Stewart Scott

Mexico will hold its presidential election July 1 against the backdrop of a protracted war against criminal cartels in the country. Former President Vicente Fox of the National Action Party (PAN) launched that struggle; his successor, Felipe Calderon, also of the PAN, greatly expanded it. While many Mexicans apparently support action against the cartels, the Calderon government has come under much criticism for its pursuit of the cartels, contributing to Calderon's low popularity at the moment. The PAN is widely expected to lose in July to the Institutional Revolutionary Party (PRI), which controlled the Mexican presidency for most of the 20th century until Fox's victory in 2000. According to polls, the PAN has lost credibility among many Mexican voters, many of whom also once again view the PRI as a viable alternative. 

In our effort to track Mexico's criminal cartels and to help our readers understand the dynamics that shape the violence in Mexico, Stratfor talks to a variety of people, including Mexican and U.S. government officials, journalists, business owners, taxi drivers and street vendors. At present, many of these contacts are saying that the Calderon administration could attempt to pull off some sort of last-minute political coup (in U.S. political parlance, an "October surprise") to boost the PAN's popularity so it can retain the presidency.

The potential election ploy most often discussed is the capture of Joaquin "El Chapo" Guzman Loera, the leader of the Sinaloa cartel, who is widely believed to be the richest, most powerful drug trafficker anywhere. The reasoning goes that if the government could catch Guzman, Calderon's (and hence the PAN's) popularity would soar.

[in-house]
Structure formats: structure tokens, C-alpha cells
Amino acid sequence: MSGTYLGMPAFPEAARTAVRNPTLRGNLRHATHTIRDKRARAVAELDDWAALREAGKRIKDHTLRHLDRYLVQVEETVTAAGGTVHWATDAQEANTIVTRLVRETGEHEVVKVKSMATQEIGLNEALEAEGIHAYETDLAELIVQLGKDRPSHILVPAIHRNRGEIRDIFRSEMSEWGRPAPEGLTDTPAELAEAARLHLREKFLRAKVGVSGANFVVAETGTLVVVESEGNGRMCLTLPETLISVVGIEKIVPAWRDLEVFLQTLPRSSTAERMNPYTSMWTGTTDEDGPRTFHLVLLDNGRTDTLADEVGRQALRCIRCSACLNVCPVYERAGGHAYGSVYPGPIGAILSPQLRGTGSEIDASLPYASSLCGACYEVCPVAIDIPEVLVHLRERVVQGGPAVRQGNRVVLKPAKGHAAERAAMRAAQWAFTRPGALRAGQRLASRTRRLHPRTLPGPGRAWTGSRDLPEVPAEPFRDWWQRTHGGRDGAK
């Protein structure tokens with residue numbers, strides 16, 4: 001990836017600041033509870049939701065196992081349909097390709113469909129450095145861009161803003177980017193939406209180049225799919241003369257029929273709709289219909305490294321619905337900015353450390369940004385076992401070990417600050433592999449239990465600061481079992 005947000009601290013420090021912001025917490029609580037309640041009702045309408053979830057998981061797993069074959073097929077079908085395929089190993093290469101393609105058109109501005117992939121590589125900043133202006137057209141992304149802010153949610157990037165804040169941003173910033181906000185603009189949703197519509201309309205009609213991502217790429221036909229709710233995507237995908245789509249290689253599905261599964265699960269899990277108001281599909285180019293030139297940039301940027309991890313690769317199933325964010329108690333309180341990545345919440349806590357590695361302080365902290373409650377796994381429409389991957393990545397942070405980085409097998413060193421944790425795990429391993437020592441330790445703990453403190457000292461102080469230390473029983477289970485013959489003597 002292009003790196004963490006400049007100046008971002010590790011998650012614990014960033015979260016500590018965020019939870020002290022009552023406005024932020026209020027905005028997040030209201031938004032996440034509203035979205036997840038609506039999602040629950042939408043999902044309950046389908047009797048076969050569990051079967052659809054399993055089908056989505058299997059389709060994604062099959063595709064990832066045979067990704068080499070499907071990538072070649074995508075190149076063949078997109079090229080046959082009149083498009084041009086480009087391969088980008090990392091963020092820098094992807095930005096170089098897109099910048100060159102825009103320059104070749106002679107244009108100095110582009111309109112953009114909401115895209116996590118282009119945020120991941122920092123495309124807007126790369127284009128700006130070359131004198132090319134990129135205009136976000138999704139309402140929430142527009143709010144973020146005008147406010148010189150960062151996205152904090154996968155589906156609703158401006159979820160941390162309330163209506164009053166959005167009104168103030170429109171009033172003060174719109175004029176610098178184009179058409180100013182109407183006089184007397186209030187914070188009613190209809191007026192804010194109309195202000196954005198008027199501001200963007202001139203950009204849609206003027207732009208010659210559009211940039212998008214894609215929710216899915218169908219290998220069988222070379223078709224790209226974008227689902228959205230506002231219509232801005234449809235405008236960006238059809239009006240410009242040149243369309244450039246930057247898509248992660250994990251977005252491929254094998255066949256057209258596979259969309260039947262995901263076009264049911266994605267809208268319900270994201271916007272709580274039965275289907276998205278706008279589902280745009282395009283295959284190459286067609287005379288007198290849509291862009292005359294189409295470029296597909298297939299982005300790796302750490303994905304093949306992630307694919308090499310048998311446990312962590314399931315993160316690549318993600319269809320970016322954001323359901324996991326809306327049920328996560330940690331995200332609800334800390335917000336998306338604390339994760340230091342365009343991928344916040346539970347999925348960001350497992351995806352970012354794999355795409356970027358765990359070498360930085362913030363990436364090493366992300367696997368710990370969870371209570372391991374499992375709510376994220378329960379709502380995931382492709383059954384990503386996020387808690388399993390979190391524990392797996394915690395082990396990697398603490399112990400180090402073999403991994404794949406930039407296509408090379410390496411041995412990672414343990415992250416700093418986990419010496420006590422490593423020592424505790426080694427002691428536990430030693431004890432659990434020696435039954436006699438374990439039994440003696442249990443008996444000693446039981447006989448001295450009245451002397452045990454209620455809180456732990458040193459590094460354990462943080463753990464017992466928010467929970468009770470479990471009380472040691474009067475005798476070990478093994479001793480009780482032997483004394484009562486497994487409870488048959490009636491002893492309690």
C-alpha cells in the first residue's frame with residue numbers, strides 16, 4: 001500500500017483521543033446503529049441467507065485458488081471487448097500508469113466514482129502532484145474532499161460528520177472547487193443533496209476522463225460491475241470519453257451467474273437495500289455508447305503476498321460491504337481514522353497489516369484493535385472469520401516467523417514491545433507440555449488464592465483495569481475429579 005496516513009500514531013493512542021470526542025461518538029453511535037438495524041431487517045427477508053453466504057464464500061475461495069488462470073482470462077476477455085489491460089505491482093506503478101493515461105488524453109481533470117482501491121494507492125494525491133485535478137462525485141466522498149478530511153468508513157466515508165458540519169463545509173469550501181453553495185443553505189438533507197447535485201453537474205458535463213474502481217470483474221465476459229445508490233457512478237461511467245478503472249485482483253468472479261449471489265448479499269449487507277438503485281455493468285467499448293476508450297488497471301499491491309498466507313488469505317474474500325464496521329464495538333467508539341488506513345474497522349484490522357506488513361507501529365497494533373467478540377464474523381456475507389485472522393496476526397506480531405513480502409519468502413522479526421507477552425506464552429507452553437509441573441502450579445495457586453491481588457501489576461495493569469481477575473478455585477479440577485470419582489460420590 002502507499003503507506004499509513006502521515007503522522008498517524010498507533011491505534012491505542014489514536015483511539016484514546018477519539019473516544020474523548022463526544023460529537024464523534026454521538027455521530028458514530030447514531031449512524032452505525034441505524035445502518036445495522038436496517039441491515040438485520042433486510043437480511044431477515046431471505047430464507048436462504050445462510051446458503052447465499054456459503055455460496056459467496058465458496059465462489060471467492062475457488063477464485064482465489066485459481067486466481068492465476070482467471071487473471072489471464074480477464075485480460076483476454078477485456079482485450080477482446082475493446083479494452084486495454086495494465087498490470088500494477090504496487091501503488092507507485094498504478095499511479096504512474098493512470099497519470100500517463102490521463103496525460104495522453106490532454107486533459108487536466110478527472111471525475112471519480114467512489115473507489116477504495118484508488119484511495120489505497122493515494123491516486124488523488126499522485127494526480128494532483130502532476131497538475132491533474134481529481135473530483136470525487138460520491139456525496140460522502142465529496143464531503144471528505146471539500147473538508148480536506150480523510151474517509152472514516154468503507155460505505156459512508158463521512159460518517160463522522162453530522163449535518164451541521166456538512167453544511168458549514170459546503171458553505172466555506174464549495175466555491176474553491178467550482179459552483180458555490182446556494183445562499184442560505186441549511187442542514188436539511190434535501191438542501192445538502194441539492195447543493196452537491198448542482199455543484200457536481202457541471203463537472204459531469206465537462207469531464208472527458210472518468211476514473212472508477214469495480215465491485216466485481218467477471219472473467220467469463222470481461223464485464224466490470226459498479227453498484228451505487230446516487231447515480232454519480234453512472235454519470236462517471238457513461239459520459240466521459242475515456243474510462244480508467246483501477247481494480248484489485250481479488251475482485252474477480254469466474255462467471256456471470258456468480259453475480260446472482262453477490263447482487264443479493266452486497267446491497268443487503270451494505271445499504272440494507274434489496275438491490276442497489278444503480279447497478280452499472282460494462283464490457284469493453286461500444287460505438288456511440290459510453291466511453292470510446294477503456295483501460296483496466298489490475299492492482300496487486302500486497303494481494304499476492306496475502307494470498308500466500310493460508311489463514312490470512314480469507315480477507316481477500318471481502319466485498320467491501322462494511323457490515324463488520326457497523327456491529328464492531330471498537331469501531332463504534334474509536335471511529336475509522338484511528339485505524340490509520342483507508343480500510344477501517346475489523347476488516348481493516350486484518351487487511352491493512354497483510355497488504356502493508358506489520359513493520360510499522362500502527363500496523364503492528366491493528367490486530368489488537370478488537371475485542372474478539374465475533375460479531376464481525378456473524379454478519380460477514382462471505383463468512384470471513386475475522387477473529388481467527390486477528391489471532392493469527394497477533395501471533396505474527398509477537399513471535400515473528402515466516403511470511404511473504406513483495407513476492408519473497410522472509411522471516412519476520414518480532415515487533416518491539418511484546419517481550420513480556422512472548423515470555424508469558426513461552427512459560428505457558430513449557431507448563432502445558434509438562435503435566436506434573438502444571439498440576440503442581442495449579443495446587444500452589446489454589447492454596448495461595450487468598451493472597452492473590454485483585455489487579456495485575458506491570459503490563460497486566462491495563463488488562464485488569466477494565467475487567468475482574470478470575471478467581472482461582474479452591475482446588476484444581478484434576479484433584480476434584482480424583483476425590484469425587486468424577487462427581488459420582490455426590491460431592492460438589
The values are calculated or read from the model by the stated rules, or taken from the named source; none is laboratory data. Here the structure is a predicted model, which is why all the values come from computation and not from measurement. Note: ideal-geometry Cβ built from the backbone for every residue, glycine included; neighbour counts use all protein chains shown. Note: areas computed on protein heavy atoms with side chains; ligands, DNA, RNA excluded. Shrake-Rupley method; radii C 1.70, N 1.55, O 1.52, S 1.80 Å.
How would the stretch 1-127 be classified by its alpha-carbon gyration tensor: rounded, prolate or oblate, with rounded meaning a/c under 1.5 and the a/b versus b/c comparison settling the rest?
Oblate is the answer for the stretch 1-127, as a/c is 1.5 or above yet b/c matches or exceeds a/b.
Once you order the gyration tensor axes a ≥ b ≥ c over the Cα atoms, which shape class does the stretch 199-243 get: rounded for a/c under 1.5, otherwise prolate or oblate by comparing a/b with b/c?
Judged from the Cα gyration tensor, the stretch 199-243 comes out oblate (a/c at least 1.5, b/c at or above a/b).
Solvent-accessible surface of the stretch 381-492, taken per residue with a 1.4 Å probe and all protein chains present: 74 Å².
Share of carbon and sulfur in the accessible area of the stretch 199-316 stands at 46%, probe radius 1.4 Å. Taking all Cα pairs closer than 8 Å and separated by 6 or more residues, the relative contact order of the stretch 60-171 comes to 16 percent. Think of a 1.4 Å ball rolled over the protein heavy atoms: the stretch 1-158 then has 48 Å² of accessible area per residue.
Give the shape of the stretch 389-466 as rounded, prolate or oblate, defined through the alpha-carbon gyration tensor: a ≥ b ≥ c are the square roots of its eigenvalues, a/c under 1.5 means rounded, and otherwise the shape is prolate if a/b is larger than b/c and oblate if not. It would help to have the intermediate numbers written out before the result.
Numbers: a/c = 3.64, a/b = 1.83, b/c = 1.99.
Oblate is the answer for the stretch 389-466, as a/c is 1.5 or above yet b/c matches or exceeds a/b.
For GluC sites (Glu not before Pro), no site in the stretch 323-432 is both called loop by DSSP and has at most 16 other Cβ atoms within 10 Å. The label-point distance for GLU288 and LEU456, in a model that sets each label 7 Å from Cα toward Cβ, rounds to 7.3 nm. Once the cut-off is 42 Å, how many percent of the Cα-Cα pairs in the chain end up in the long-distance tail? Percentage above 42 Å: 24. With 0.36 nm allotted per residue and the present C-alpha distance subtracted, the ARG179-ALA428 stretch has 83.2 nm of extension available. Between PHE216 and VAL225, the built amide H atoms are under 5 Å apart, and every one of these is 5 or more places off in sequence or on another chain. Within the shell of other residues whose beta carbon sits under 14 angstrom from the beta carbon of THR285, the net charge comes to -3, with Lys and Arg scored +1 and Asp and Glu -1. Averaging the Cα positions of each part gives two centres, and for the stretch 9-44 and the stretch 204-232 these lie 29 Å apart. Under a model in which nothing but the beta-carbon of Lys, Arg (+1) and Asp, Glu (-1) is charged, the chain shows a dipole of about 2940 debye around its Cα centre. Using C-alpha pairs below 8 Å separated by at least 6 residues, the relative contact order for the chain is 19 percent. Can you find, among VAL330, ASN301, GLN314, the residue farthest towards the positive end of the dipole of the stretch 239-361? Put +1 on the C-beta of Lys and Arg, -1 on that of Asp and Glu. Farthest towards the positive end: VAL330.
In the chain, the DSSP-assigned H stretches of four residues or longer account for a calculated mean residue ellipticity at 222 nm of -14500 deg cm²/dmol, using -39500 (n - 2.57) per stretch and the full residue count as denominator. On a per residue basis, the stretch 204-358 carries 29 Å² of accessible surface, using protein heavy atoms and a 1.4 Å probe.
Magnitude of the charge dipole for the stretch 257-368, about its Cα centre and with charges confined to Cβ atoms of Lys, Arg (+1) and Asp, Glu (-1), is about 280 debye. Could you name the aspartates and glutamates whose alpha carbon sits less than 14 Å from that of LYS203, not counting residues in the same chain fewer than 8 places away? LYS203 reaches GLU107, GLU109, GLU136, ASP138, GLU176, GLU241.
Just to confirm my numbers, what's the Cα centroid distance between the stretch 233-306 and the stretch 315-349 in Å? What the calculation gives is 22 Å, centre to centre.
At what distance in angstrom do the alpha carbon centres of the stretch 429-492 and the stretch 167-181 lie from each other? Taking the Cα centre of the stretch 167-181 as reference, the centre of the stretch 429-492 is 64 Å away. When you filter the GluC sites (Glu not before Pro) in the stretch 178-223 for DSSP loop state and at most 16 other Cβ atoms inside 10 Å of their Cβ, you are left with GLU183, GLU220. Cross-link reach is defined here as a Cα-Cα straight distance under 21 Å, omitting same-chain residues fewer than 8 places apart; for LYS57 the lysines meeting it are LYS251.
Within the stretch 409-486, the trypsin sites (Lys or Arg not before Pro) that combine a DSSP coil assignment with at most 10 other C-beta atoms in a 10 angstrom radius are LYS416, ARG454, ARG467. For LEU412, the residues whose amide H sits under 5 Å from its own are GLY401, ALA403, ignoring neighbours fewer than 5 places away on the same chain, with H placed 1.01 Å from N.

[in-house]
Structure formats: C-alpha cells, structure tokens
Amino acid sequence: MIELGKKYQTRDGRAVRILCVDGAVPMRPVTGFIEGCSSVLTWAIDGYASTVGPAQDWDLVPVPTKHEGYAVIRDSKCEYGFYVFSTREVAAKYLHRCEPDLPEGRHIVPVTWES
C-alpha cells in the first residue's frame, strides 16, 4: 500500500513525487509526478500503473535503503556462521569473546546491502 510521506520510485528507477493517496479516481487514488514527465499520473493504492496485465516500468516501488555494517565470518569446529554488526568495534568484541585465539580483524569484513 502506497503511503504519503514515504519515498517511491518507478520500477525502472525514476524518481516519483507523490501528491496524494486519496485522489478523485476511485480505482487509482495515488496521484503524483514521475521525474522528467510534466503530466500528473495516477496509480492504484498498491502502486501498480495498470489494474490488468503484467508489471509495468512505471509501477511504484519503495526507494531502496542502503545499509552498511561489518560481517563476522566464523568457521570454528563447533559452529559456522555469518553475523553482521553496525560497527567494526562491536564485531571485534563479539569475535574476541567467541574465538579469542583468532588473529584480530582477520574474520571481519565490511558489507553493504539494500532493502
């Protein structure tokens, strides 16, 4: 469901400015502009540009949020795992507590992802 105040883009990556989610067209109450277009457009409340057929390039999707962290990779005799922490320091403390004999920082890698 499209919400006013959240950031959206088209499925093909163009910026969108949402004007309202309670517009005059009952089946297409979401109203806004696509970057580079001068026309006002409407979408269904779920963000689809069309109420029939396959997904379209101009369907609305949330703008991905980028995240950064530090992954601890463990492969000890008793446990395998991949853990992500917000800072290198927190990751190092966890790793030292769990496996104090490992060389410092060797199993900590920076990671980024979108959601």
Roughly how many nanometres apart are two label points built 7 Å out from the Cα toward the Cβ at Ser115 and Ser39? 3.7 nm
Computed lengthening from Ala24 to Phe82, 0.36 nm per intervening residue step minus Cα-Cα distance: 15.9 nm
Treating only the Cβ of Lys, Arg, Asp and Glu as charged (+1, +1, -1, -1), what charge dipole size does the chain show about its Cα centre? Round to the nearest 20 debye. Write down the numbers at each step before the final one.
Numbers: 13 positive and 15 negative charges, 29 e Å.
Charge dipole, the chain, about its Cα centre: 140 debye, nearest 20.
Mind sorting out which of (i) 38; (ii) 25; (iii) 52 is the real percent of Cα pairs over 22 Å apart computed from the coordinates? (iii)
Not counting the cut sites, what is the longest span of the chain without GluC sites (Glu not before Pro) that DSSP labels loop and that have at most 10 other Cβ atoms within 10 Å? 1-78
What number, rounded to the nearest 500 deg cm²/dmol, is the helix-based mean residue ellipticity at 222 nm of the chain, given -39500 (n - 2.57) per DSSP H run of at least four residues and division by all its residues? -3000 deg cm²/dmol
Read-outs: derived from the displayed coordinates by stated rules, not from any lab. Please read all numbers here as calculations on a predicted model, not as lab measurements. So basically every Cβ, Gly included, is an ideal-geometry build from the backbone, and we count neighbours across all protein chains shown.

Still, very real questions exist about whether such an operation really would give the PAN the boost it needs to retain the presidency, however. North of the border, the re-election of U.S. President Barack Obama has not been guaranteed by the May 2011 death of Osama bin Laden. Political considerations aside, the factors that have helped Guzman avoid capture thus far are the very same factors that inhibit the Mexican government's ability to capture him. While we don't put a lot of stock in these rumors of an election surprise, we do see them as a good reason to examine the factors that have protected Guzman.

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Stewart Scott

Stewart Scott is a security analyst for Stratfor.